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Here is a MWE of my problem:

I measure the size, $S$, of 10 red apples and 32 green apples.

$\bar S_\mathrm{red} = 8 \pm 1\,\mathrm{cm}$ and $\bar S_\mathrm{green} = 4 \pm 2\,\mathrm{cm}$.

I want to claim that red apples are bigger than green apples, but just reporting the means doesn't feel right because there is a distribution of sizes for each colour.

Ideally, I want to say something like "Red apples are bigger than green apples with 95% certainty."

I was going to just Monte Carlo it, taking a few thousand samples randomly from each and seeing how frequently red is bigger than green, but I feel there is some test for what I'm after.

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    $\begingroup$ Anyone else feeling Wilcoxon-Mann-Whitney U for this? $\endgroup$ – Dave Jan 23 at 17:39
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    $\begingroup$ @Dave - I agree, but if all he has are the summary statistics, he's stuck with a $t$ test. $\endgroup$ – jbowman Jan 23 at 17:41
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    $\begingroup$ If you are really interested in determining if one object is better than another, and you can use large samples or assume normality with small samples, why not simply use $volume$ as your metric for size? If you found significant difference, you could certainly claim evidence to support one object being "bigger" than the other. You could perform tests separately for colors or use regression analysis to control for multiple colors or other factors at the same time. Contrasts would help here. $\endgroup$ – StatsStudent Jan 23 at 20:52
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You can resort to the bootstrap version of Student's t-test.

It works as follows:

  • Compute the sample mean and standard deviation for each group and label the results $X_1$ and $s_1$ for group 1, and $X_2$ and $s_2$ for group 2. Set $d_1=\frac{s_1^2}{n_1}$ and $d_2=\frac{s_2^2}{n_2}$, where $n_1$ and $n_2$ are the sample sizes.
  • Generate a bootstrap sample for the first group, compute the sample mean and standard deviation, and label the results $\bar{X_{1}}^{*}$ and $s_{1}^{*}$. Do the same for the second group. Note $d_{1}^{*}$ and $d_{2}^{*}$ accordingly.
  • Compute $$ W^{*} = \frac{(\bar{X_{1}}^{*}-\bar{X_{2}}^{*})-(\bar{X_{1}}-\bar{X_{2}})}{\sqrt{d_1^2+d_2^2}}.$$
  • Repeat Steps 2 and $B$ times ($B$=1000, for example).
  • Put the $W_1^{*},...,W_B^{*}$ in ascending order, yielding $W_{(1)}^{*},...,W_{(B)}^{*}$.
  • Set $L=\frac{\alpha}{2}B$ and $U=(1-\frac{\alpha}{2})B$ and round each of them to the nearest integer.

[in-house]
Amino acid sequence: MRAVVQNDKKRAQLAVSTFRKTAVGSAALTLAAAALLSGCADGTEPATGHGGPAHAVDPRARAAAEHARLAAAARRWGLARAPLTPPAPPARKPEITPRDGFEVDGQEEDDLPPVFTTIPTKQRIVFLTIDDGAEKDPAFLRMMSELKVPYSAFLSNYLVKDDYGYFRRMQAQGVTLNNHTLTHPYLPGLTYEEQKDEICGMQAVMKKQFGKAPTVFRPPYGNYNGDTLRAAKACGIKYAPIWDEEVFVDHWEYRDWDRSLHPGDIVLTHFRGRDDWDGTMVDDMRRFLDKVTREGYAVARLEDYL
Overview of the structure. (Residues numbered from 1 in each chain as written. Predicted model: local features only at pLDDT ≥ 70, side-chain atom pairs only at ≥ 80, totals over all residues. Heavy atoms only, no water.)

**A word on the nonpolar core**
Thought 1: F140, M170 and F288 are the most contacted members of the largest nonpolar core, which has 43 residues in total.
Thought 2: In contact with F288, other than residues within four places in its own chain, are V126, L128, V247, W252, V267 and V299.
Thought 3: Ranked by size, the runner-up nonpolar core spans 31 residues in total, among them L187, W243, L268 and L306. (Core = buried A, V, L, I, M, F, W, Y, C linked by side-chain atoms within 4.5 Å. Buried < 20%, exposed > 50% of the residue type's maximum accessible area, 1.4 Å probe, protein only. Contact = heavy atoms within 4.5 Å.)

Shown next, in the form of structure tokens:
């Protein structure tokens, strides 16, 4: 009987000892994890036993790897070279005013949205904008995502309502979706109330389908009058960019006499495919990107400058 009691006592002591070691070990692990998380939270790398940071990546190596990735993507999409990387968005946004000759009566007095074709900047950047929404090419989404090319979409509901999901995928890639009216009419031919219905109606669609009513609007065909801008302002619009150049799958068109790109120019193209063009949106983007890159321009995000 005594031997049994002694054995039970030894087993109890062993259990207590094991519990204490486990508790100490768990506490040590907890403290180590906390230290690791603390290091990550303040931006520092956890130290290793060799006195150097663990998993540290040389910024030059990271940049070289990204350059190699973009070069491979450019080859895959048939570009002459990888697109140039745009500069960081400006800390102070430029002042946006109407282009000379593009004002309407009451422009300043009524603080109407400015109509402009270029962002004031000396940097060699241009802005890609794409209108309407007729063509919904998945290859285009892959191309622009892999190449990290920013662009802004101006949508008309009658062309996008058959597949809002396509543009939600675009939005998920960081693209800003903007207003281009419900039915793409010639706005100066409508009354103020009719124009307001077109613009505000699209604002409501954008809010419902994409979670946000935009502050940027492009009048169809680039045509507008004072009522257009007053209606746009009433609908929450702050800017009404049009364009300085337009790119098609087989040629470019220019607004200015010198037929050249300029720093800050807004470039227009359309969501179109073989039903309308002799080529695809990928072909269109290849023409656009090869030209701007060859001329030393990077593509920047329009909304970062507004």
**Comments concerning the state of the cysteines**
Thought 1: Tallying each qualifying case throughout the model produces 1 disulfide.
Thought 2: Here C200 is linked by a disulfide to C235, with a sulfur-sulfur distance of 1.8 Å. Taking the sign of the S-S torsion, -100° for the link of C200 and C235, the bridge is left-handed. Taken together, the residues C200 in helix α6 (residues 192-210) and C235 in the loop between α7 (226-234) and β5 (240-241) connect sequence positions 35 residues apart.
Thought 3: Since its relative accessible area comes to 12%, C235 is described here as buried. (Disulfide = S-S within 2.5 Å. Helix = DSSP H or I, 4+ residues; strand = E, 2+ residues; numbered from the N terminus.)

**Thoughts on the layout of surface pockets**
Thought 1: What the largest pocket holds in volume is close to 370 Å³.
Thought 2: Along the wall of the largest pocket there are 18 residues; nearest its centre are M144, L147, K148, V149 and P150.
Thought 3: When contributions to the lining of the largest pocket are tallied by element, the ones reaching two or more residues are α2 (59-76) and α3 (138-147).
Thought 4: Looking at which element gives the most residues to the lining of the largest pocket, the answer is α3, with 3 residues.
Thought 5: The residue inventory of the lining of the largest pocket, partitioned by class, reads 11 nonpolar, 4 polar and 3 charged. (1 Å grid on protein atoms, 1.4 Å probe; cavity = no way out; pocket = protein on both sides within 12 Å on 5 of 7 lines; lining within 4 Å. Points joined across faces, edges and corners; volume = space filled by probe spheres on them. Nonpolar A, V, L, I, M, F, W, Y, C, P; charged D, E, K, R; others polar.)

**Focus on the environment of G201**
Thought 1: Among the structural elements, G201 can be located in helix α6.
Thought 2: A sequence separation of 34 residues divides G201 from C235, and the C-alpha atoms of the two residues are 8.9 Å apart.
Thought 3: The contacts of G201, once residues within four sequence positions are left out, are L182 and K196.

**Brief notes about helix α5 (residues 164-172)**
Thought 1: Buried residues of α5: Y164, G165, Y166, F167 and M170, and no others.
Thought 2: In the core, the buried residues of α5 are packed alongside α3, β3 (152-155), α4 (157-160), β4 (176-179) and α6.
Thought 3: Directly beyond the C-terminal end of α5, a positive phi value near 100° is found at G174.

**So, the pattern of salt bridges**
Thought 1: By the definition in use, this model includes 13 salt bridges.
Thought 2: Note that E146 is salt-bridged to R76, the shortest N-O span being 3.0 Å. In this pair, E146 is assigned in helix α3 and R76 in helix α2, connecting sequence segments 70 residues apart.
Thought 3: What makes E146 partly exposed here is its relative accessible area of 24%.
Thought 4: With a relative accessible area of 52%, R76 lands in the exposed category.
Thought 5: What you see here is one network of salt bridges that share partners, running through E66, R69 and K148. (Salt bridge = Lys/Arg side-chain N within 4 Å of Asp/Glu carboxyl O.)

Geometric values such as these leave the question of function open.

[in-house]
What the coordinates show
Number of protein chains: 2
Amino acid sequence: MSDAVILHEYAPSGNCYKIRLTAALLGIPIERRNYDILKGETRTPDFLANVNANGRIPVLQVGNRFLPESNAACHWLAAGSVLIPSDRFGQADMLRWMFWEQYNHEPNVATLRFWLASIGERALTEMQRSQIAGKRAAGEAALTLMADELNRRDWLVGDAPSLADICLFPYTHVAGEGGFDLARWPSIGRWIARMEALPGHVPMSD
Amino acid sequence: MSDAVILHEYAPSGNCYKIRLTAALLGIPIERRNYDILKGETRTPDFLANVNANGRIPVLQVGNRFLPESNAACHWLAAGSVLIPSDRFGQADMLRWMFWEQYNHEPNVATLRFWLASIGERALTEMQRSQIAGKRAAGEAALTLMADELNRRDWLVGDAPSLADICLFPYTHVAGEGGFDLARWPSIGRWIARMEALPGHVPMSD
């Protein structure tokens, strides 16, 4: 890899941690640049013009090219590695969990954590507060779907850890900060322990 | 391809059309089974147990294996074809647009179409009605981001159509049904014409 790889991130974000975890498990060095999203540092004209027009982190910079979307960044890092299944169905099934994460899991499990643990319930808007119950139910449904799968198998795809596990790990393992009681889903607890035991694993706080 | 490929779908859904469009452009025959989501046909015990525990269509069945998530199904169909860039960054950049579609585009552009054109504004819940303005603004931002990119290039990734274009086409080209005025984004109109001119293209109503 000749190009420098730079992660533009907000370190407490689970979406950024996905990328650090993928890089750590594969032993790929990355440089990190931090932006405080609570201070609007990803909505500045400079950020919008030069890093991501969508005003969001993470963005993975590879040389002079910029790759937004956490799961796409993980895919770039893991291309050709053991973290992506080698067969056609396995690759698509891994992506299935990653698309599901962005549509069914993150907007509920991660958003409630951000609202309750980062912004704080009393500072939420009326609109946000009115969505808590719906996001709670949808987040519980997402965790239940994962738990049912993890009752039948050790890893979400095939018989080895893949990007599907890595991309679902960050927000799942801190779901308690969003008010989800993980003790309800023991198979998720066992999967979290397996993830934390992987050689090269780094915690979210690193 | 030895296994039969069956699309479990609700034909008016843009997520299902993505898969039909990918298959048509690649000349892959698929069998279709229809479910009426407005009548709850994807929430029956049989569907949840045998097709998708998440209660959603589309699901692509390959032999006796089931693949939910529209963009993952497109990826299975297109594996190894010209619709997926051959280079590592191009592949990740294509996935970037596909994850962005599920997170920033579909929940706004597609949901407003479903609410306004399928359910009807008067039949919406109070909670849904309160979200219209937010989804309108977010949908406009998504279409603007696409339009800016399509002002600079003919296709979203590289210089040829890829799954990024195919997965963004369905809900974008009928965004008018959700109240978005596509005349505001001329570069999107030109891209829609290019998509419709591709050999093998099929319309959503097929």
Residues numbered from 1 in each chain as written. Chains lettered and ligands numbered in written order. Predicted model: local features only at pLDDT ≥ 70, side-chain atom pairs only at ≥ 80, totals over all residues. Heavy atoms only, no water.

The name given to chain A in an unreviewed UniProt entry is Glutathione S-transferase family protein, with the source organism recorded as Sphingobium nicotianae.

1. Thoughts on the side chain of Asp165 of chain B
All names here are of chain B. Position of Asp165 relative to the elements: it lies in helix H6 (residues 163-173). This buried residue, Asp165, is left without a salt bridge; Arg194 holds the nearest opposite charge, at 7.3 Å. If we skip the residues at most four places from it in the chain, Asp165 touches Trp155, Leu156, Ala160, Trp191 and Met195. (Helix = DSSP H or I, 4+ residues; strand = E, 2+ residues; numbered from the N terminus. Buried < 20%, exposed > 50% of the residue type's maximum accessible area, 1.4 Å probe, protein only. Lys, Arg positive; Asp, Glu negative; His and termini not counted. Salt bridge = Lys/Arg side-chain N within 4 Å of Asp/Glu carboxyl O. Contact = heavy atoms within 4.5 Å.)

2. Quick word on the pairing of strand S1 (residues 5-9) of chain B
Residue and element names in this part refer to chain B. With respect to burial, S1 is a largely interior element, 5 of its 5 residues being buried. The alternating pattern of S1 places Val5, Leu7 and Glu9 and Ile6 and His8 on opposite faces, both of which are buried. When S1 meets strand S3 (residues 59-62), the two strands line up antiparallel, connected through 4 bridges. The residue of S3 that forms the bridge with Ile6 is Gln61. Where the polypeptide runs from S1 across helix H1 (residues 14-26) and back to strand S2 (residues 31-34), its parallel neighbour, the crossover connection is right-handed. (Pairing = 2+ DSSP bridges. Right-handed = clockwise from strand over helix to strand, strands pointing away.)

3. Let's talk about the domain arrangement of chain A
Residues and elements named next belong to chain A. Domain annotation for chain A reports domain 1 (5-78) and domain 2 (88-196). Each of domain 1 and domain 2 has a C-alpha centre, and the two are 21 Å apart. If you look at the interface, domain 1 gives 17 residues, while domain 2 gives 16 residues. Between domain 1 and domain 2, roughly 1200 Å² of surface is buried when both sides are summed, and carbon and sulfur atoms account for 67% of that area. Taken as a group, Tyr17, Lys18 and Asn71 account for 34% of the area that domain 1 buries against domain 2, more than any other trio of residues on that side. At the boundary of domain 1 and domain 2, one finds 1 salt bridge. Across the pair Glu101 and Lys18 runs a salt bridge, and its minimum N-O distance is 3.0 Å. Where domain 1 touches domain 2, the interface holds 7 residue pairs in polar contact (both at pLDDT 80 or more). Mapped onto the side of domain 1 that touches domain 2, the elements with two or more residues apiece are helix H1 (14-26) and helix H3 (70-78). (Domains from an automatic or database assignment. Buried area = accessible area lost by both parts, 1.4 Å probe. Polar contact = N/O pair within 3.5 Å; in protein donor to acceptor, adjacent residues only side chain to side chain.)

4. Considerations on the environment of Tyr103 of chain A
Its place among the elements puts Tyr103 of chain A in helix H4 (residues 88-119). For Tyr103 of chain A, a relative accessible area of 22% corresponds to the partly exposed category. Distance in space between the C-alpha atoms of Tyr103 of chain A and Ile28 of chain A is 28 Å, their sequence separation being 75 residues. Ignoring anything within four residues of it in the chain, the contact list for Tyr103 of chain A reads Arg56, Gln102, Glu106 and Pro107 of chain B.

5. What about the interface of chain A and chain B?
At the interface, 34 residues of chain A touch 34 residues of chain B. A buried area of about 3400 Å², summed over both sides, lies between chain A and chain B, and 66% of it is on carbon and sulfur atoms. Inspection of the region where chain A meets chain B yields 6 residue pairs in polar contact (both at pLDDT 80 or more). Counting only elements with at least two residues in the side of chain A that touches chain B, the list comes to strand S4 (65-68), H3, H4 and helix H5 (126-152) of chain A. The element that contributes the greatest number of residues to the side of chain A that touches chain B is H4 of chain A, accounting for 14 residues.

• The bootstrap t confidence interval for $\mu_1-\mu_2$ is $$ \Big[ (\bar{X_{1}}-\bar{X_{2}}) + W_{(L)}^{*} \sqrt{d_1+d_2}, (\bar{X_{1}}-\bar{X_{2}})+W_{(U)}^{*} \sqrt{d_1+d_2} \Big] .$$

Assuming that group $1$ corresponds to red apples and group $2$ to green apples, you reject the null hypothesis if and only if $0$ is not located within the calculated confidence interval.

I used the presentation from Chapter $6$ in

Wilcox, R. (2010). Fundamentals of Modern Statistical Methods: Substantially Improving Power and Accuracy. Springer Science & Business Media.

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  • $\begingroup$ Doesn't this use the same null hypothesis as the usual t-test? $\endgroup$ – Dave Jan 23 at 19:10
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    $\begingroup$ Yes but it does not assume the samples are Gaussian and it works well for small sample sizes (i.e. < 30) unlike the classical t-test. $\endgroup$ – Mickybo Yakari Jan 23 at 20:20
  • $\begingroup$ The issue seems to be about limiting inference to a difference in means, which is what the t-test (and therefore this method) does. $\endgroup$ – Dave Jan 23 at 20:32
  • $\begingroup$ @MickyboYakari Regarding your comment about the classical $t$-test, you may want to study the answers to this question. The $t$-test was specifically developed for small samples with the very first application with a sample size of four! $\endgroup$ – COOLSerdash Jan 23 at 21:05
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    $\begingroup$ I'll revise my answer to add appropriate caveats once I have brushed up on the bootstrap again. $\endgroup$ – Mickybo Yakari Jan 24 at 11:21

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